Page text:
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2002 OECD Economic Outlook, Volume 2002 Issue 2

image of OECD Economic Outlook, Volume 2002 Issue 2

Twice a year, the OECD Economic Outlook analyses the major trends that will mark the next two years. The present issue covers the outlook to the end of 2004 and examines the economic policies required to foster high and sustainable growth in member countries. Developments in selected major non-OECD economies are also evaluated in detail.

In addition to the themes featured regularly, this issue contains four analytical chapters addressing the following important questions: the deterioration in budgetary positions in most OECD countries, raising the labour force participation of older workers,  the benefits that OECD countries could achieve from undertaking reforms to promote product market competition, and inflation rates in some of the larger, slow-growing economies have not declined sufficiently to offset higher rates elsewhere in the euro area.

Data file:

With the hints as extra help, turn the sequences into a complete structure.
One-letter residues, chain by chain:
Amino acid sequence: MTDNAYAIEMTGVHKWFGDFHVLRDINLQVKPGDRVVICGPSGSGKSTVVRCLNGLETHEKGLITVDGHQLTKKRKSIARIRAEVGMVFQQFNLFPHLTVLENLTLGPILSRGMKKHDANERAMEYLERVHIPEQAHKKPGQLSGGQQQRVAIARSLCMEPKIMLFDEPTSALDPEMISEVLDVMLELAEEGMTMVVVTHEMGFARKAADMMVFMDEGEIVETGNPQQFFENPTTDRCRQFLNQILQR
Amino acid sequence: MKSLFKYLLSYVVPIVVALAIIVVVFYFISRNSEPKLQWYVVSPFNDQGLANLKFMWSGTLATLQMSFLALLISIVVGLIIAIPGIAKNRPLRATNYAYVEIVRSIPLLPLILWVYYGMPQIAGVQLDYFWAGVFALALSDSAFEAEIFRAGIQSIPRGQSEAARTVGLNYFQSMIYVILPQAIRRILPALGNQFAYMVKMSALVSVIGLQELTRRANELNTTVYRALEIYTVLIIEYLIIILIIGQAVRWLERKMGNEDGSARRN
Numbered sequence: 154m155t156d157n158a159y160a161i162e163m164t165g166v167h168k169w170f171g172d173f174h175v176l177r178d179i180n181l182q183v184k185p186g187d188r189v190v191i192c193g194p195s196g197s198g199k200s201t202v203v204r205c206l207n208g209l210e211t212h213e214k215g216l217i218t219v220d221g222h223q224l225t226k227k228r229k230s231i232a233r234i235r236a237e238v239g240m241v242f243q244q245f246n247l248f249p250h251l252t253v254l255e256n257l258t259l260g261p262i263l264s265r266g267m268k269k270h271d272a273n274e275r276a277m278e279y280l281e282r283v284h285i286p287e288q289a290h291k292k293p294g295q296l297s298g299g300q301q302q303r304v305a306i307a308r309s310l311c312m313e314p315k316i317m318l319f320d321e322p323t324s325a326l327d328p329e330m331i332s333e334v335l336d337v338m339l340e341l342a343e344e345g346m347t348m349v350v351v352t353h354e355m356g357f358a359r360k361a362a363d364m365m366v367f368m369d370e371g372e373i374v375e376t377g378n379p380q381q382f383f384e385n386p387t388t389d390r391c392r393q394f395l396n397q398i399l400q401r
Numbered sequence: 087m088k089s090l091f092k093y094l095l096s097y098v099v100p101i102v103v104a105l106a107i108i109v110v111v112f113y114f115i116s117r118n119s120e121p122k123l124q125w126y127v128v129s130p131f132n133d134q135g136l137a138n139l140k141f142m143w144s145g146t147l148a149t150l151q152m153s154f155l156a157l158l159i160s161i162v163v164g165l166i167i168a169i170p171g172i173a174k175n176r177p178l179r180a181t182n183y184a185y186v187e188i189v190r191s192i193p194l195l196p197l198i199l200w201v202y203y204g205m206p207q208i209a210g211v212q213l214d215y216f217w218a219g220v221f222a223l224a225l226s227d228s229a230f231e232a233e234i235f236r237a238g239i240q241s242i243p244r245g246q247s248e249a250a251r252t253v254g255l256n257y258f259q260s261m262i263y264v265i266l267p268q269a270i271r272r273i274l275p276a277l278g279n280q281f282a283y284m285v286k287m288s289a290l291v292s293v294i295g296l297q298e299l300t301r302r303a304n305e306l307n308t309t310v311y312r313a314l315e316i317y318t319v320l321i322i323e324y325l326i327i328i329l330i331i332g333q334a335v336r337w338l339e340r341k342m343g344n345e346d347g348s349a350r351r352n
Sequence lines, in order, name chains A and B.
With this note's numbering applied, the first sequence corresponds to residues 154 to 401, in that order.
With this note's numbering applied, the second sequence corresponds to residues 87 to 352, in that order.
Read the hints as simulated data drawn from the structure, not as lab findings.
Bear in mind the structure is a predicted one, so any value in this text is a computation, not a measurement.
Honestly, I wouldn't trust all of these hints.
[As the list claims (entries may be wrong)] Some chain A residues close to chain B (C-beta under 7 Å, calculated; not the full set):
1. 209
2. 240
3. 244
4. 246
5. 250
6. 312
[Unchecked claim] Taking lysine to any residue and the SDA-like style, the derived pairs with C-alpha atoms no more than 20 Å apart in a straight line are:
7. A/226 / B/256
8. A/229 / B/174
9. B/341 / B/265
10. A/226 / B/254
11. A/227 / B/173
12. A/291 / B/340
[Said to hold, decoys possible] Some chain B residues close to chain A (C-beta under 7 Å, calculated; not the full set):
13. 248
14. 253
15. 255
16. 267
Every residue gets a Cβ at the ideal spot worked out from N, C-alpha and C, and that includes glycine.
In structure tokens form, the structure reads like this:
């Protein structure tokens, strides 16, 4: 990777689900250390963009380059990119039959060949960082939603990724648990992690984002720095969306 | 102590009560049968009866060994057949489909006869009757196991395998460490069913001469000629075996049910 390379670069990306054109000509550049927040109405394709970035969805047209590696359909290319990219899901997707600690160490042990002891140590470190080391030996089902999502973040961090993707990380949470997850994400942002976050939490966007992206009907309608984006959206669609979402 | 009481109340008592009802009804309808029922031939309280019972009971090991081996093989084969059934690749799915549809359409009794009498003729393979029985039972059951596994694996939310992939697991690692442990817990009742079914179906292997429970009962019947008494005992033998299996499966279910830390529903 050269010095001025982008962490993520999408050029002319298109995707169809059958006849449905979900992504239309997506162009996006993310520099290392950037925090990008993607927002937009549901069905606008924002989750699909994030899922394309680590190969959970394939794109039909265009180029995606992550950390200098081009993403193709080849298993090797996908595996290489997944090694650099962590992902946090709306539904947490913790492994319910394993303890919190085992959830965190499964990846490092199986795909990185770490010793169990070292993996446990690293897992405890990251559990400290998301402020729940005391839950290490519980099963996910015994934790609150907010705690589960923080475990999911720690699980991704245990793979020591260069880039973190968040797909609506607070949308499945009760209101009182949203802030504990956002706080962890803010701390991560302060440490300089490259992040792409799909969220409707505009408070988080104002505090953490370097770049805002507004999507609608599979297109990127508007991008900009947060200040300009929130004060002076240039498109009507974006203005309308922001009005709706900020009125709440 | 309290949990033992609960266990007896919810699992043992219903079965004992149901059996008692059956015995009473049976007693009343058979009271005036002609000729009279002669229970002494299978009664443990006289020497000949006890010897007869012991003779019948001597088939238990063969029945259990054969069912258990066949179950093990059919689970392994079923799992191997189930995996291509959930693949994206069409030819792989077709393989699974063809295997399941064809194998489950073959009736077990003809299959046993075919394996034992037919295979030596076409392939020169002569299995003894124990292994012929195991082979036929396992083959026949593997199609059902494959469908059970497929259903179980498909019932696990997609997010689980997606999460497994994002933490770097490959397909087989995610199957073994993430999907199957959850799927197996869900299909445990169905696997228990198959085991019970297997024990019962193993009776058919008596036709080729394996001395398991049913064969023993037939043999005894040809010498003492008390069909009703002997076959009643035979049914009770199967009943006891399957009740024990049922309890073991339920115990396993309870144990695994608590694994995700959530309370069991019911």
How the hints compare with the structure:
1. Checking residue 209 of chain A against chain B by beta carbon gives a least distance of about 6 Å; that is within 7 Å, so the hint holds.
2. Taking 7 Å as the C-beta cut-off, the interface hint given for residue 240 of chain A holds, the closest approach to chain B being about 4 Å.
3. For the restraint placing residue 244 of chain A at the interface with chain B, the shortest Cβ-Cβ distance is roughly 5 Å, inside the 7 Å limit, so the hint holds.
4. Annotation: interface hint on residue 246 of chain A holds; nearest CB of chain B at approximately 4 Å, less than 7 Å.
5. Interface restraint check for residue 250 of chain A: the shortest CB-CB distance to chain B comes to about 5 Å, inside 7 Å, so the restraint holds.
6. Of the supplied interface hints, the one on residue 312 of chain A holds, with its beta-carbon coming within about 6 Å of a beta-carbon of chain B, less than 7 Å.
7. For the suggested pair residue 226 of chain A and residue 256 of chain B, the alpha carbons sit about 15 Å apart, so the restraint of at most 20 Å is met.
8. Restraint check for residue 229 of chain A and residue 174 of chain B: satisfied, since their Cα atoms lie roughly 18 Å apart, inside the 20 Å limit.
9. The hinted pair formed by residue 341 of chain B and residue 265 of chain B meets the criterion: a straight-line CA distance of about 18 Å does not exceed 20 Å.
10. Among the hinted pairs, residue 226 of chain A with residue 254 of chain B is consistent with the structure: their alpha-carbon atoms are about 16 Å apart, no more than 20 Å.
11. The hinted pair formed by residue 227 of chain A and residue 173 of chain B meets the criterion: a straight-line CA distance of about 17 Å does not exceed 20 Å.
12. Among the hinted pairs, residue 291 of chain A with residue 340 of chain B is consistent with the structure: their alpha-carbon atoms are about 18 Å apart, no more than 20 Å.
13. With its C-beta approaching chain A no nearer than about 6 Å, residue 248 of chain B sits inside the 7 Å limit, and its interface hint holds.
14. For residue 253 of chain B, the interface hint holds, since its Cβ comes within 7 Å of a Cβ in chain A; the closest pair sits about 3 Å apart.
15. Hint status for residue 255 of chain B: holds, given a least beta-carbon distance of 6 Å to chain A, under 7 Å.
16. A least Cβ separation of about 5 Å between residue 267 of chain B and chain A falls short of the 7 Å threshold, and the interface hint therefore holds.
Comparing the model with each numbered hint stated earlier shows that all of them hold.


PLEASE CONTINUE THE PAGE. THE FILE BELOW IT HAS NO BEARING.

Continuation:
English French, German

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Spain

Economic growth slowed considerably in the first half of 2002, reflecting weaker household spending and sluggish foreign demand. Despite subdued activity, inflation has accelerated and the differential with the euro area remains high. Stronger exports should revive domestic demand, lifting GDP growth to 2½ per cent in 2003 and above potential in 2004.

From 2003 onwards, all levels of administration have to aim at a budget in balance or surplus. Given the uncertainty about the final budgetary impact of the personal income tax cut planned for 2003, the government will have to control expenditure tightly to avoid a deterioration in the cyclically-adjusted balance. Reforms of the wage bargaining system should aim at establishing a closer link between wage and productivity growth, which should help in reducing the inflation differential with the euro area.

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